Recently, without much fanfare, long-heralded closed down their public and free anonymous browsing. While a scattering of sites remain, it was still a blow to privacy advocates who want to see tools readily available to protect your online identity – without shelling out money.

While not quite a full fledged search, both Microsoft and have recently sought to capture some of the disillusioned by offering versions of their search engine that provide for anonymity. They are using this to drum up some PR and perhaps good will, by “encouraging” Google to do the same. Google recently stepped up their privacy guidelines, by making changes to cookie duration on their engine.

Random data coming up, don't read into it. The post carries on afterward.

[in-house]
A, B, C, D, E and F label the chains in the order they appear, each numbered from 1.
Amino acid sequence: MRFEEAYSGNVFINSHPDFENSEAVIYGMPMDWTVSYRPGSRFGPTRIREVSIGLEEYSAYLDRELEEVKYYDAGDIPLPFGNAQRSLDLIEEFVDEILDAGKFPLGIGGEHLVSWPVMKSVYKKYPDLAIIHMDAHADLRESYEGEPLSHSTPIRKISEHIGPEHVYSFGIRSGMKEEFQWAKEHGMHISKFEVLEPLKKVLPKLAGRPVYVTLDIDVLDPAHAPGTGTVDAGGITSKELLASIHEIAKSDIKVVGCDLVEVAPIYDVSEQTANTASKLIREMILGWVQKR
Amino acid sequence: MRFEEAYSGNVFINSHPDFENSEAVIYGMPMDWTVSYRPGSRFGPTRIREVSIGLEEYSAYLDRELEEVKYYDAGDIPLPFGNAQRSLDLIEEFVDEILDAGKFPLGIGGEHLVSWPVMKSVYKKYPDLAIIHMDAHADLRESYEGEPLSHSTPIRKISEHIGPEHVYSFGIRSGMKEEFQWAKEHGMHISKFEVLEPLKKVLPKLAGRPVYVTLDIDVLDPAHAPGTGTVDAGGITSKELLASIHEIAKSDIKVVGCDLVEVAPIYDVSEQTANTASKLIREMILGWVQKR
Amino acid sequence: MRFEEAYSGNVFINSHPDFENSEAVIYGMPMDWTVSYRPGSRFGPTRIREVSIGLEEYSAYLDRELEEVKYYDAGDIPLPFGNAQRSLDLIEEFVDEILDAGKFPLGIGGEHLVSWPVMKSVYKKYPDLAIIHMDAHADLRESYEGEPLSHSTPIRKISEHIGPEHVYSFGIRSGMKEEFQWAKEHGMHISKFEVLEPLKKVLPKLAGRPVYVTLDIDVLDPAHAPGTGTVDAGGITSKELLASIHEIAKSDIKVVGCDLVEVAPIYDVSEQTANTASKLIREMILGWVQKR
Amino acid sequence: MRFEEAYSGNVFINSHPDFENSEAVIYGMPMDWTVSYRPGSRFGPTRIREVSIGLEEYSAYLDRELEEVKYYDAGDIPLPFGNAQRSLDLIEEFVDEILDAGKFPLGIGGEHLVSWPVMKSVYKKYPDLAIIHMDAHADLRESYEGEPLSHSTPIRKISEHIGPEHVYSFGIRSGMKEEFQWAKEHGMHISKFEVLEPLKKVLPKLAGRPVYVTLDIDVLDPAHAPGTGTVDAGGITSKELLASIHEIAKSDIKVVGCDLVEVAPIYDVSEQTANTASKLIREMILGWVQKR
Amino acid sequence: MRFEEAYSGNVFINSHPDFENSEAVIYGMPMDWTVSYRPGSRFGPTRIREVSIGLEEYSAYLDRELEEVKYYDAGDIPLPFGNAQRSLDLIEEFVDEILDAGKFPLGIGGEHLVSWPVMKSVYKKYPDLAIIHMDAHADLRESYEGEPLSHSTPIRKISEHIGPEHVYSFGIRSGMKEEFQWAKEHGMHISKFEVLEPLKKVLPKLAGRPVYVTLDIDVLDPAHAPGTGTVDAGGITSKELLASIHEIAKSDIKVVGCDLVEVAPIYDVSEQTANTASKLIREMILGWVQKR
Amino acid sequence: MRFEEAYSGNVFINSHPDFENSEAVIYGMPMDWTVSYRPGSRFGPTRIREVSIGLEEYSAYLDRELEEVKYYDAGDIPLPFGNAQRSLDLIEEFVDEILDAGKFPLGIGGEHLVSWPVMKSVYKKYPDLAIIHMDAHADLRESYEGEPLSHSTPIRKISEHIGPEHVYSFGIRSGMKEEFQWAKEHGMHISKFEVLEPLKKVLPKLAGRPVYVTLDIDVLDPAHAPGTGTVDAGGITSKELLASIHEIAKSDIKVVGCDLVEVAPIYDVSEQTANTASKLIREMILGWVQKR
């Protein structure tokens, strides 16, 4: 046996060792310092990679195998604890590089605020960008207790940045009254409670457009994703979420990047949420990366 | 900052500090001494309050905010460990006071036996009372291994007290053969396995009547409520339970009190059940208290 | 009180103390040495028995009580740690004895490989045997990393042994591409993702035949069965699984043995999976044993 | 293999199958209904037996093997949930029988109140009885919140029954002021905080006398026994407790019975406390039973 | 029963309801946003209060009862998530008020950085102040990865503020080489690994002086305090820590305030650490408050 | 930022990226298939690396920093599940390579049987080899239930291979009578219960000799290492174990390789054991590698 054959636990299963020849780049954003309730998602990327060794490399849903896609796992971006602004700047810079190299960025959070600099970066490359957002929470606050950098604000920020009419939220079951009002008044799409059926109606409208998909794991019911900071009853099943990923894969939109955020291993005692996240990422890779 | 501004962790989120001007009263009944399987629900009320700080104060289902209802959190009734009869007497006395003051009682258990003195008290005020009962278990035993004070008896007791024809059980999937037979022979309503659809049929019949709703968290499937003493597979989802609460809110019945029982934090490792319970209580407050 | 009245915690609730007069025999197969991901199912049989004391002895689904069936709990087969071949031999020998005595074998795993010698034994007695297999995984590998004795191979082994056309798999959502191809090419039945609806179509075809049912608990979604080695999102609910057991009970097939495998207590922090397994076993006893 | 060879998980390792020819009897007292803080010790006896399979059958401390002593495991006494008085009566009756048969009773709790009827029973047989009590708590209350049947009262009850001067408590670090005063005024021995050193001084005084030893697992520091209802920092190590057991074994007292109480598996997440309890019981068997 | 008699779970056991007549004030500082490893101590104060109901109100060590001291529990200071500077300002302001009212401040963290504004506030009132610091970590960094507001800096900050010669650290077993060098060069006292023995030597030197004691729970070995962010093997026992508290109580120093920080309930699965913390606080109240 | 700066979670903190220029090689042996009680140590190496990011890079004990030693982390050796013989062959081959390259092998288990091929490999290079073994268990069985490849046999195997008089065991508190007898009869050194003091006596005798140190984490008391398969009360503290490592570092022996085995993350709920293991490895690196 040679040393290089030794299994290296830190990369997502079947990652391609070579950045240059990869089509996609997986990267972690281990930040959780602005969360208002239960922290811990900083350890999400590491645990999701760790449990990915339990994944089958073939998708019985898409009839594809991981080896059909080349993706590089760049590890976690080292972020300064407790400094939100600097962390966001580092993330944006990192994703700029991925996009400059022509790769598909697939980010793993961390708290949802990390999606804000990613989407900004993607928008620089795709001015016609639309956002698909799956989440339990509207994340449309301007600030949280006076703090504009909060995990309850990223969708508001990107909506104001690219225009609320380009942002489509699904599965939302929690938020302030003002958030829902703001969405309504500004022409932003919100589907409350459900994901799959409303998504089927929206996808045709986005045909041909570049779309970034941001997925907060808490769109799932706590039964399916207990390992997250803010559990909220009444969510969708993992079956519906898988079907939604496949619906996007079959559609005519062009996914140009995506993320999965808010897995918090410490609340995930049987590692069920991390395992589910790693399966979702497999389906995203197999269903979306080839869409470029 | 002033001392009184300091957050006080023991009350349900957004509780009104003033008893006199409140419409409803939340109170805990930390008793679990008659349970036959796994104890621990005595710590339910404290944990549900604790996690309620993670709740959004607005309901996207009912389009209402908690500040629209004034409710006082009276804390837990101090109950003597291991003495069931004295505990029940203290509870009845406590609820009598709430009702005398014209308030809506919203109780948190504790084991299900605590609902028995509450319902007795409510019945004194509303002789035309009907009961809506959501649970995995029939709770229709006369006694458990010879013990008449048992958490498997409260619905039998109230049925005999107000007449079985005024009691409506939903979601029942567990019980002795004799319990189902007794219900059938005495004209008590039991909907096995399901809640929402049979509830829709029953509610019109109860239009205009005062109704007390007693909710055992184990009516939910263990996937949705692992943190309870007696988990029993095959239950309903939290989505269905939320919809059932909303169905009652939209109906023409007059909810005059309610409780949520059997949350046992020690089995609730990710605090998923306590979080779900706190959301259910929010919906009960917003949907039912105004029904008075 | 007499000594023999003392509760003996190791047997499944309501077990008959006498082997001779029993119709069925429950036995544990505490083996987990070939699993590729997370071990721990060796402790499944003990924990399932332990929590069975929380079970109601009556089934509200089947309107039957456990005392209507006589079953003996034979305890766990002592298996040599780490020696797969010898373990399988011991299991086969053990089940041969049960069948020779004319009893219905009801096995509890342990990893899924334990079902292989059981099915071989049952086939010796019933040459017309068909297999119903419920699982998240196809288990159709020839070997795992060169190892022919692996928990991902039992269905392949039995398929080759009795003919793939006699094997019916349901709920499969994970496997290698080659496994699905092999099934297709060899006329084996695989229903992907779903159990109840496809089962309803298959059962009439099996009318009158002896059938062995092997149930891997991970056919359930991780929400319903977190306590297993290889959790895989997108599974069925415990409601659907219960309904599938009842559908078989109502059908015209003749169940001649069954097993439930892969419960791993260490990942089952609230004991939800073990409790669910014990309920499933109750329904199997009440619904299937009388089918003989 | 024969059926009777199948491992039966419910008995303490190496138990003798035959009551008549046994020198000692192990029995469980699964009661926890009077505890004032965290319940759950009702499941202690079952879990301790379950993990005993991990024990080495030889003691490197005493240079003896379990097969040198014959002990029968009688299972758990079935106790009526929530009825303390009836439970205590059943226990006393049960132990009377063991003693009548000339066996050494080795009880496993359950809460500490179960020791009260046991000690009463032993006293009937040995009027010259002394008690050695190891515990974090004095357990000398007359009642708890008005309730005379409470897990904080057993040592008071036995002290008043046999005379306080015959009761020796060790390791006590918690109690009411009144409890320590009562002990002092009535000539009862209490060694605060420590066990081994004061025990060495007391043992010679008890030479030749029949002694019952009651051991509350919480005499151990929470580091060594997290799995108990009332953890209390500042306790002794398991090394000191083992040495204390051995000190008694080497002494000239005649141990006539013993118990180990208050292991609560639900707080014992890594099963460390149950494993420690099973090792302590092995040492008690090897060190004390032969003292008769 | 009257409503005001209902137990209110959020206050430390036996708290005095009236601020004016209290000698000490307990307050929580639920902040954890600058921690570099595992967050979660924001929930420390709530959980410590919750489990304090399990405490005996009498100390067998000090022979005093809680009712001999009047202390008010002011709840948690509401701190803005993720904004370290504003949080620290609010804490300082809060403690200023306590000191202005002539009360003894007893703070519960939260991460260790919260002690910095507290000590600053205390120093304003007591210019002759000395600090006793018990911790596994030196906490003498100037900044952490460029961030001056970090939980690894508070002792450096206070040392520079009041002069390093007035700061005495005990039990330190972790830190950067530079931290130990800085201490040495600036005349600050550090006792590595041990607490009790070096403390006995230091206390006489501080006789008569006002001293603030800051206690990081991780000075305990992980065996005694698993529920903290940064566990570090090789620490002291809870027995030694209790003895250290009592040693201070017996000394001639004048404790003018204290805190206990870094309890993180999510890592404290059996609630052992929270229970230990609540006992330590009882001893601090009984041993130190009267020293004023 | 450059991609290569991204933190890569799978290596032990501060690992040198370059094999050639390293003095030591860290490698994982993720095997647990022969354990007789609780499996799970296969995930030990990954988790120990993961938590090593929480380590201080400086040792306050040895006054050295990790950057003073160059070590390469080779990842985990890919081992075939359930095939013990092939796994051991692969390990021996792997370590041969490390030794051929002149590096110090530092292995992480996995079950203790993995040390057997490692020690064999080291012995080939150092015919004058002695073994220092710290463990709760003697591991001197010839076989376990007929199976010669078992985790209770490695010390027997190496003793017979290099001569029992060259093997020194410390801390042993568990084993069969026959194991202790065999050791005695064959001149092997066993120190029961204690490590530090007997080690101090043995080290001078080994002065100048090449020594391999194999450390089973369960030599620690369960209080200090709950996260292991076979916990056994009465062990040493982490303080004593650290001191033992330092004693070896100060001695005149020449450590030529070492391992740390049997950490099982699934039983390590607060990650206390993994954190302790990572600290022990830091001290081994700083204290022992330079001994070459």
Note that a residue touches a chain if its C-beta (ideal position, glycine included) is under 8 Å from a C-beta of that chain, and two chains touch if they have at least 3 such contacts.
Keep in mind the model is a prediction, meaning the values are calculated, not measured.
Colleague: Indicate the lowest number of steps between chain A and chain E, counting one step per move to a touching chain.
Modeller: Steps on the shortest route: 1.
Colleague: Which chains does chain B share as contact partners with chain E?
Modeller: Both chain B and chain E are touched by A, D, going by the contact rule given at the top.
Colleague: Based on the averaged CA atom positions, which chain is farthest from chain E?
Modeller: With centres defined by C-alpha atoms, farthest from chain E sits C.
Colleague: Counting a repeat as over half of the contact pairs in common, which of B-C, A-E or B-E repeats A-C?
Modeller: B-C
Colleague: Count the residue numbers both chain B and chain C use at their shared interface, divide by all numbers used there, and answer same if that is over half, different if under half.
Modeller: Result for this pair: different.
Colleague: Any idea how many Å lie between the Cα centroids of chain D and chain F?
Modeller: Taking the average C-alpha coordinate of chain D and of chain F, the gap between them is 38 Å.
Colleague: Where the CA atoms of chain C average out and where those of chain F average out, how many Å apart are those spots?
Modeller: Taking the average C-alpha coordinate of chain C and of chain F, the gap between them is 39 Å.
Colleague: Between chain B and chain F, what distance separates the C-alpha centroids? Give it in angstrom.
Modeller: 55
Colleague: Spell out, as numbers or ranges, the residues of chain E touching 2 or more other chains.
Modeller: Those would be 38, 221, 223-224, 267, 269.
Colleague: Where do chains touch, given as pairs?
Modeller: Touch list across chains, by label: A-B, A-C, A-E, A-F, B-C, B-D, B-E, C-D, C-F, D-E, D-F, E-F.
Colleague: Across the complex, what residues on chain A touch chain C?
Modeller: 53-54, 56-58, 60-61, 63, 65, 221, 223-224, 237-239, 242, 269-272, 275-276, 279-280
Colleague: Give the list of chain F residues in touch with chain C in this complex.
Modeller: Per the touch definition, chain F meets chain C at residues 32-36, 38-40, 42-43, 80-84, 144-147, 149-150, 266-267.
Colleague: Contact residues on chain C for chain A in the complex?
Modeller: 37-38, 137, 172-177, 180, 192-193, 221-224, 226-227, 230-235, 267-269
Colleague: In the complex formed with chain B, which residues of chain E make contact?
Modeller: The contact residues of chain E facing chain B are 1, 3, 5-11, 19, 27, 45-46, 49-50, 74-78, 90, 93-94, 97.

That isn't enough for some, who want a fully anonymous search:

“We think that we as an industry ought to take a look at ways to further enhance privacy protections,” said Microsoft Chief Privacy Strategist Peter Cullen. “We’re really trying to make sure that people always have the ability to have a trusted experience.”
They are also pointing the finger at AOL and Yahoo, asking them along with Google to “come together” and elaborate how privacy is dealt with. This could be interesting.